Taking her cue from the Swedish nature and traditional folklore, Agnes Thor uses the romantic landscapes of her native country not just as a backdrop, but as the very subject of her light-drenched, dreamy photographs. In these solitary environments, Thor sees a reflection of herself and the world around her, which through her lens becomes what she calls landscape portraits – images of a world built on memories of childhood stories and old fairytales. Delicately capturing the first rays of sunshine breaking through the trees at dawn, her photographs encapsulate the somnolent essence of Scandinavia’s long summer days. Although Agnes is currently living and working in New York, a long way from the natural backdrop of the Swedish countryside, she continues seeks out the city’s green pockets in her exploration of life, death and utopia. We talked to her about her strong ties to her homeland.
Dazed Digital: How has your growing up in Sweden informed your work?
Agnes Thor: The landscape has definitely been a great inspiration; I was outside a lot growing up, and that is something that I’ve taken in to my work. What is great about Sweden is that there is something called “right of common” – meaning that most forests and land is open for anyone to walk on. I think that gave me a wonderful sense of freedom that I’ve strived to capture. Also the Swedish art of storytelling and folklore plays a large part in my work, I draw a lot of inspiration from old stories and illustrations, and some traces of these stories are visible in my series.
DD: You call your landscape pictures ‘portraits’. What constitutes a portrait to you?
Agnes Thor: Strictly speaking I would call a portrait a photograph consisting of a living thing. But in the context of the series “Aurora Borealis” I see the landscapes as portraits because I shot them aiming to mirror my feelings and myself, and since I have strong emotional ties to many of the environments I feel like they portray me just as much as an actual photograph of me would do.
DD: Perhaps in the wake of Scandinavian crime fiction’s huge international success in recent years, there seems to be an image spreading of these countries that suggests a slightly darker, lonelier and more sinister reality. Does that image correspond with the Scandinavia you know, the one you depict in your landscape portraits?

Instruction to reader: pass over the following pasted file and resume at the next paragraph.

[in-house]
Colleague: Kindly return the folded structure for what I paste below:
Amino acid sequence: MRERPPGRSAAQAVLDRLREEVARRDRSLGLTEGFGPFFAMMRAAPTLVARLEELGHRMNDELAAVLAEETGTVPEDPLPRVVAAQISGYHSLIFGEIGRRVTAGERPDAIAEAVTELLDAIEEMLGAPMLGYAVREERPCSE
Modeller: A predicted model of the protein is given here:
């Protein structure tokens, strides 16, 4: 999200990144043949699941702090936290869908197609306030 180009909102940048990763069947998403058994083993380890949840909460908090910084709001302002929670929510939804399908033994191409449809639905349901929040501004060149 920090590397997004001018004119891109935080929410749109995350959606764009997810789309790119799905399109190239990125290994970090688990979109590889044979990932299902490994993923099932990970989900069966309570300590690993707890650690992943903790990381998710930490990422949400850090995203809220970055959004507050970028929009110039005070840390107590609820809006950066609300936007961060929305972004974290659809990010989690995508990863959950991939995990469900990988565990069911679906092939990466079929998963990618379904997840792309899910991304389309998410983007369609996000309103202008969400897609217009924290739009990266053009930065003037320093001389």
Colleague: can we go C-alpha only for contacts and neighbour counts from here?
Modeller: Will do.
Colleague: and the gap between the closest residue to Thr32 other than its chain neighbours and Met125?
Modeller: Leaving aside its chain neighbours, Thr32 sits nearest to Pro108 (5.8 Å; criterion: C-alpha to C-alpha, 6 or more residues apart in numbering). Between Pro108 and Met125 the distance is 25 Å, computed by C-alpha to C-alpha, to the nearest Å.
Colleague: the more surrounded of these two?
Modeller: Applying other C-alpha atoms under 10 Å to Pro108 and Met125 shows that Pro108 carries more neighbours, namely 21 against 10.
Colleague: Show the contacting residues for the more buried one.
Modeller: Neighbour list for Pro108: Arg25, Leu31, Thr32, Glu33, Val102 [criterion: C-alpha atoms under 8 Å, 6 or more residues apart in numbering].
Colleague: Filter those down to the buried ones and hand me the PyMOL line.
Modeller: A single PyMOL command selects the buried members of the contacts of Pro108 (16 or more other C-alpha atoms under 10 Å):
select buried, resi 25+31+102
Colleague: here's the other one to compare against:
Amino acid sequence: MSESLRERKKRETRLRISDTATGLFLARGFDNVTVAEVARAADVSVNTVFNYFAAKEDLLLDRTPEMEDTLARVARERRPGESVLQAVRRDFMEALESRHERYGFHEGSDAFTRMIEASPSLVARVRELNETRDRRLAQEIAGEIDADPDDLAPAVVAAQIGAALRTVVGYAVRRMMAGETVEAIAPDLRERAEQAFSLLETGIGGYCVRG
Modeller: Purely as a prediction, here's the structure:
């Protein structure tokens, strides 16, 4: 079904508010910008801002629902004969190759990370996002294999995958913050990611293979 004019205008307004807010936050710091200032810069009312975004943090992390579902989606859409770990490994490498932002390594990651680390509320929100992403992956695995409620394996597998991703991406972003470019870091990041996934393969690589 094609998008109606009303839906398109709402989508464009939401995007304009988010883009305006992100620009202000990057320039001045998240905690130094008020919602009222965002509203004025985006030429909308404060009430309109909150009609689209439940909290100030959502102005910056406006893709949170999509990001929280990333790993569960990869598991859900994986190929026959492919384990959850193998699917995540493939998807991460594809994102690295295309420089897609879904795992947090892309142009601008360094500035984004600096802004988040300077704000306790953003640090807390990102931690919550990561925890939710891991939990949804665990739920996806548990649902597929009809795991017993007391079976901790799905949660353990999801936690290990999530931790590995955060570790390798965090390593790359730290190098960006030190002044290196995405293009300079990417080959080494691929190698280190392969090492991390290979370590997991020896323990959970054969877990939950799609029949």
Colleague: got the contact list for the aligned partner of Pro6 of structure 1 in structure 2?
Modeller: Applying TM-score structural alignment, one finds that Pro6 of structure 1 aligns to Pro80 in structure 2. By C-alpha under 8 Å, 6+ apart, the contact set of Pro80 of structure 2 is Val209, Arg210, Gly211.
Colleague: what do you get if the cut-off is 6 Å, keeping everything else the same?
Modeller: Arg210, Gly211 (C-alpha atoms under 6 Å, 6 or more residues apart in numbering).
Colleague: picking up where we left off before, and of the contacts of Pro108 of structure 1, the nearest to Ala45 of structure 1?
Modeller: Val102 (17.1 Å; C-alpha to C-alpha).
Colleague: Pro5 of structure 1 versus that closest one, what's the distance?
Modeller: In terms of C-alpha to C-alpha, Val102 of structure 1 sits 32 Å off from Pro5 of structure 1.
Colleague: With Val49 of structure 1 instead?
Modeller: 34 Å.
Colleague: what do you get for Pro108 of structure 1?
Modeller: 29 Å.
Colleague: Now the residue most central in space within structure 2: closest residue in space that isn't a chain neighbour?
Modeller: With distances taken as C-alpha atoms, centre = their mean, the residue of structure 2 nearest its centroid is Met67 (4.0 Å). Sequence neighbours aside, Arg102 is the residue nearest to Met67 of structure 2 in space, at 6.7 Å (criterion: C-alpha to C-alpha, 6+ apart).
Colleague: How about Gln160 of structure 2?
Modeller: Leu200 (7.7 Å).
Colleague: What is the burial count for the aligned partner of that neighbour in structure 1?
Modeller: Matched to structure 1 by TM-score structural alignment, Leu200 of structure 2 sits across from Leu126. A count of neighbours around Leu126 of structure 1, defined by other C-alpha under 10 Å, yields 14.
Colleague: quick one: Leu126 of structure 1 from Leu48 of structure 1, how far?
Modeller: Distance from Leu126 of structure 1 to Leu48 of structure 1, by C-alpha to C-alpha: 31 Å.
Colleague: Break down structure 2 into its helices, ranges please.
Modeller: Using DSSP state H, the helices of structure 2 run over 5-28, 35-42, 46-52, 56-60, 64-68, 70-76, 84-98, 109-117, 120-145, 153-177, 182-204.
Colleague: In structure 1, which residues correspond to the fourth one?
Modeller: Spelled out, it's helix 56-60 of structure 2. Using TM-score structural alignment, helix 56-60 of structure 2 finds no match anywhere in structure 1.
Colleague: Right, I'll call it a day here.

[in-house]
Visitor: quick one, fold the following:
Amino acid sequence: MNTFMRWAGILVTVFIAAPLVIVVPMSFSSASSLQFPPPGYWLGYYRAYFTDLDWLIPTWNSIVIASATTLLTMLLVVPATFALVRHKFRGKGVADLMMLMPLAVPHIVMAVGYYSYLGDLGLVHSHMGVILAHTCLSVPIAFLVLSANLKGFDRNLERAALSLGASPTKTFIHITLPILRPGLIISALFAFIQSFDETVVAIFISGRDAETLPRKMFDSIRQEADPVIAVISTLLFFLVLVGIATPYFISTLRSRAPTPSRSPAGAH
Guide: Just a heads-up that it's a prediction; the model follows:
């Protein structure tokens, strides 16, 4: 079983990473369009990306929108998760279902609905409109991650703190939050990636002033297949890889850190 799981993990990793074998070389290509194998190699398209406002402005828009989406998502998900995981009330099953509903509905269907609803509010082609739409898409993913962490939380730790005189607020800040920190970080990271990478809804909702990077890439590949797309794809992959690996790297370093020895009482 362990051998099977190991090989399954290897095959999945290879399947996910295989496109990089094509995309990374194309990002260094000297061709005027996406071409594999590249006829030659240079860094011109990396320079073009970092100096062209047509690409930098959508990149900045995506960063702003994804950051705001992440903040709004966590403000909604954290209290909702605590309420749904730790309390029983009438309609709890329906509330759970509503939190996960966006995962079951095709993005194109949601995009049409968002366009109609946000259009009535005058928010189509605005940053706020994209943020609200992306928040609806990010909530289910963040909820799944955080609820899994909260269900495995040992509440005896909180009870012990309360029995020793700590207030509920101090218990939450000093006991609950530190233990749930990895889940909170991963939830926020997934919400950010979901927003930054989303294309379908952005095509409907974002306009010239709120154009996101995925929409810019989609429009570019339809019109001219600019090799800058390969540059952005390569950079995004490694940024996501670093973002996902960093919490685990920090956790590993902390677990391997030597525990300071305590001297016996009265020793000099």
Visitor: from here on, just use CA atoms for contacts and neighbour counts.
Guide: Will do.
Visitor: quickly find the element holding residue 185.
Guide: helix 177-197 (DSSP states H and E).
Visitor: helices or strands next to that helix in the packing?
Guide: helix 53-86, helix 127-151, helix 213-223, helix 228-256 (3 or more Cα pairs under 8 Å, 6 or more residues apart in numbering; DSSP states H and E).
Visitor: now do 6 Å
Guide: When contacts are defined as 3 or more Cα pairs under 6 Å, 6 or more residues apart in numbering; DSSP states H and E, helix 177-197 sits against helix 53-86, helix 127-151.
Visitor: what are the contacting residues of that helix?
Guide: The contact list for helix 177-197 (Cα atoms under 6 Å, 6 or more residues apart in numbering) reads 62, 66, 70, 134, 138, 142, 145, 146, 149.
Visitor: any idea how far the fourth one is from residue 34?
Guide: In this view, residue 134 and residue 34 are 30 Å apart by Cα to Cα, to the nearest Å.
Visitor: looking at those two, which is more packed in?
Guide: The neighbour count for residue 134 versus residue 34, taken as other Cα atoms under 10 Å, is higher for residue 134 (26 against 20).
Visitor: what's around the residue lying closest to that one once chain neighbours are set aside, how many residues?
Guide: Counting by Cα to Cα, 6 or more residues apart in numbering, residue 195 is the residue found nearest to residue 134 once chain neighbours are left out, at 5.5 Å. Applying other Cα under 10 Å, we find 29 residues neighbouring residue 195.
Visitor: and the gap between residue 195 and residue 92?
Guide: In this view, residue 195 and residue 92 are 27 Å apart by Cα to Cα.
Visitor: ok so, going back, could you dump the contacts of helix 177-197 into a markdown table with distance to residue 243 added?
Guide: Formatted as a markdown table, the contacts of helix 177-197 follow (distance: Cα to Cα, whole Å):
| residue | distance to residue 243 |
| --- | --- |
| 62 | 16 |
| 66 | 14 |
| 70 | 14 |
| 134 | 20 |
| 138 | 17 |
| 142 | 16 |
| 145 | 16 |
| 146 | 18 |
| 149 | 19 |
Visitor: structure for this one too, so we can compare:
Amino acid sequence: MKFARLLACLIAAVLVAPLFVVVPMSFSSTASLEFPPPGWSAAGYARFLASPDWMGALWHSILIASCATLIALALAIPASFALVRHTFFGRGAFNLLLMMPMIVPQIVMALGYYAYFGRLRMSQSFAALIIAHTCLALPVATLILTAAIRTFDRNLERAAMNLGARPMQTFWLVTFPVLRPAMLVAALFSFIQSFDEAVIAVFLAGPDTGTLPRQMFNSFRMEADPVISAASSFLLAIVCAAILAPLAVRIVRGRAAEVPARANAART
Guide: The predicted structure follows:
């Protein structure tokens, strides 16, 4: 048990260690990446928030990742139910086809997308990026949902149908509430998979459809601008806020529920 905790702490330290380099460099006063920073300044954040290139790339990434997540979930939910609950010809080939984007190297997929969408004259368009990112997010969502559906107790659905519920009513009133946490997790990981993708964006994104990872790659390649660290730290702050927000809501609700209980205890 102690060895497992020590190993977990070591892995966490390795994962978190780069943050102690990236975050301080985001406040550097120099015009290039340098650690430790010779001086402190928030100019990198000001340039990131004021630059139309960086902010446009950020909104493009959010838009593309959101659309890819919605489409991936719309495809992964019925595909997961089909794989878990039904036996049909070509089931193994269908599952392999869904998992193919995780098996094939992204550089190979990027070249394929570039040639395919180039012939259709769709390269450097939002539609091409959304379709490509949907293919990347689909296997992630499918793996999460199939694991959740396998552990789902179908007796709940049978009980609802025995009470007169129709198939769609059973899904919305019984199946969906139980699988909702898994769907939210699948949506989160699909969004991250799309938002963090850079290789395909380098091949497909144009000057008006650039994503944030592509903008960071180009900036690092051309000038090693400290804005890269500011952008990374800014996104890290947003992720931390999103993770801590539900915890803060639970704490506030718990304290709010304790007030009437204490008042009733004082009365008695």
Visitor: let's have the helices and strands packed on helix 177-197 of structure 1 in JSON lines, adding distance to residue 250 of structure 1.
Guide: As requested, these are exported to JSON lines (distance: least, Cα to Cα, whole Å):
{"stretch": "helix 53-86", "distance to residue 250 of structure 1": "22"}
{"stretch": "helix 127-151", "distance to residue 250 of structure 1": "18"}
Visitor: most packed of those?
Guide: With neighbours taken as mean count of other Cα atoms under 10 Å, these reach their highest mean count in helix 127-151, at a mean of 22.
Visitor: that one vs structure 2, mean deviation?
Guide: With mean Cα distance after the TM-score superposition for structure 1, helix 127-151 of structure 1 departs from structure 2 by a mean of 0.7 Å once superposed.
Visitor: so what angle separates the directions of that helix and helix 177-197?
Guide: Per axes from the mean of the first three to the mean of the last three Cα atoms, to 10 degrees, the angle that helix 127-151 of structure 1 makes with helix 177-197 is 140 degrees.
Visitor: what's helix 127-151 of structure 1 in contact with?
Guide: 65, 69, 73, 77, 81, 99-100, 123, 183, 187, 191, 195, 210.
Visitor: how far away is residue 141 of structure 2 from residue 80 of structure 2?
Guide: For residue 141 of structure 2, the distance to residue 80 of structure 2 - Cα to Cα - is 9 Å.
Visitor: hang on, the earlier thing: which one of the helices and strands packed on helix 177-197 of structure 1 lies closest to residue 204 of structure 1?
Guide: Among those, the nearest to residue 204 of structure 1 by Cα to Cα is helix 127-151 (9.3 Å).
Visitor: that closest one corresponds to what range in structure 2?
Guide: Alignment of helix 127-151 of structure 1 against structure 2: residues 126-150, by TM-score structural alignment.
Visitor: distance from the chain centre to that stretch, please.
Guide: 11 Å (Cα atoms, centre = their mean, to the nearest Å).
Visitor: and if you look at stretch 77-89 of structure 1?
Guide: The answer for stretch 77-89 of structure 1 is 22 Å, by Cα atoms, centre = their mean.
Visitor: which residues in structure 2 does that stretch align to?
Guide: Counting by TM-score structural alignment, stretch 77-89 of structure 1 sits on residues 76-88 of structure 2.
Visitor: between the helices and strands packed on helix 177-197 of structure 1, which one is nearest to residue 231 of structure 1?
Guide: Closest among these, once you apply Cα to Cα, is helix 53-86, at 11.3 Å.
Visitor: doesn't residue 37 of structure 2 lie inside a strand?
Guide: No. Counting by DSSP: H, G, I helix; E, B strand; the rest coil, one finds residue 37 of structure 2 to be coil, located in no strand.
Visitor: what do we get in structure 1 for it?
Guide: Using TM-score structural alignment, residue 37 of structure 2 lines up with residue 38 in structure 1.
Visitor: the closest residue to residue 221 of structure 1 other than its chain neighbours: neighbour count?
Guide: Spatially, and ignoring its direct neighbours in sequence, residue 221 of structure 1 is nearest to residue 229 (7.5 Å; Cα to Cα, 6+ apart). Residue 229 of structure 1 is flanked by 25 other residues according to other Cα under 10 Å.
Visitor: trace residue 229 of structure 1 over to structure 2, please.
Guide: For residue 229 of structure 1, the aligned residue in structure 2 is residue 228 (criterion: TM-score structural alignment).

Agnes Thor: My depiction of Sweden, or Scandinavia, is pretty romanticized, I mostly capture bright days or sceneries, it’s only lately my landscapes have become on the darker side, yet still they’re almost dreamscapes. I think I’ve stayed away from the sinister reality in my work – I tend to work with images that are far away from daily life, but I definitely portray the solitude in my landscapes.
DD: How important is narrative in your work? Do you consciously try to tell stories or are the images to be taken at face value?
Agnes Thor: Narrative is a big part of my work – sometimes it’s very subtle, but I always want the image to communicate a story or an emotion that speaks to the viewer. I often work with my projects over a long period of time, and the experiences that comes with it also forms a narrative that isn’t directly related to the images but adds to their value.
Some of my new, yet unreleased work has a stronger, more clear narrative. I just finished a series that deals with the idea of a utopia, and I’m in the process of working with a project on Life and Death, which is more literal than some of my previous works.
DD: What do you love and hate the most about living and working in New York now?
Agnes Thor: I love being surrounded by such a diversity of people and lives, and I love that there’s constantly something going on, it’s great for work, there’s so many opportunities. But now that spring is coming I long to be close to nature, and even though I have a small garden and trees outside my window I still really dislike being surrounded by houses and asphalt in my daily life.
Agnes Thor is a member of Rekorderlig’s Beautifully Swedish Collective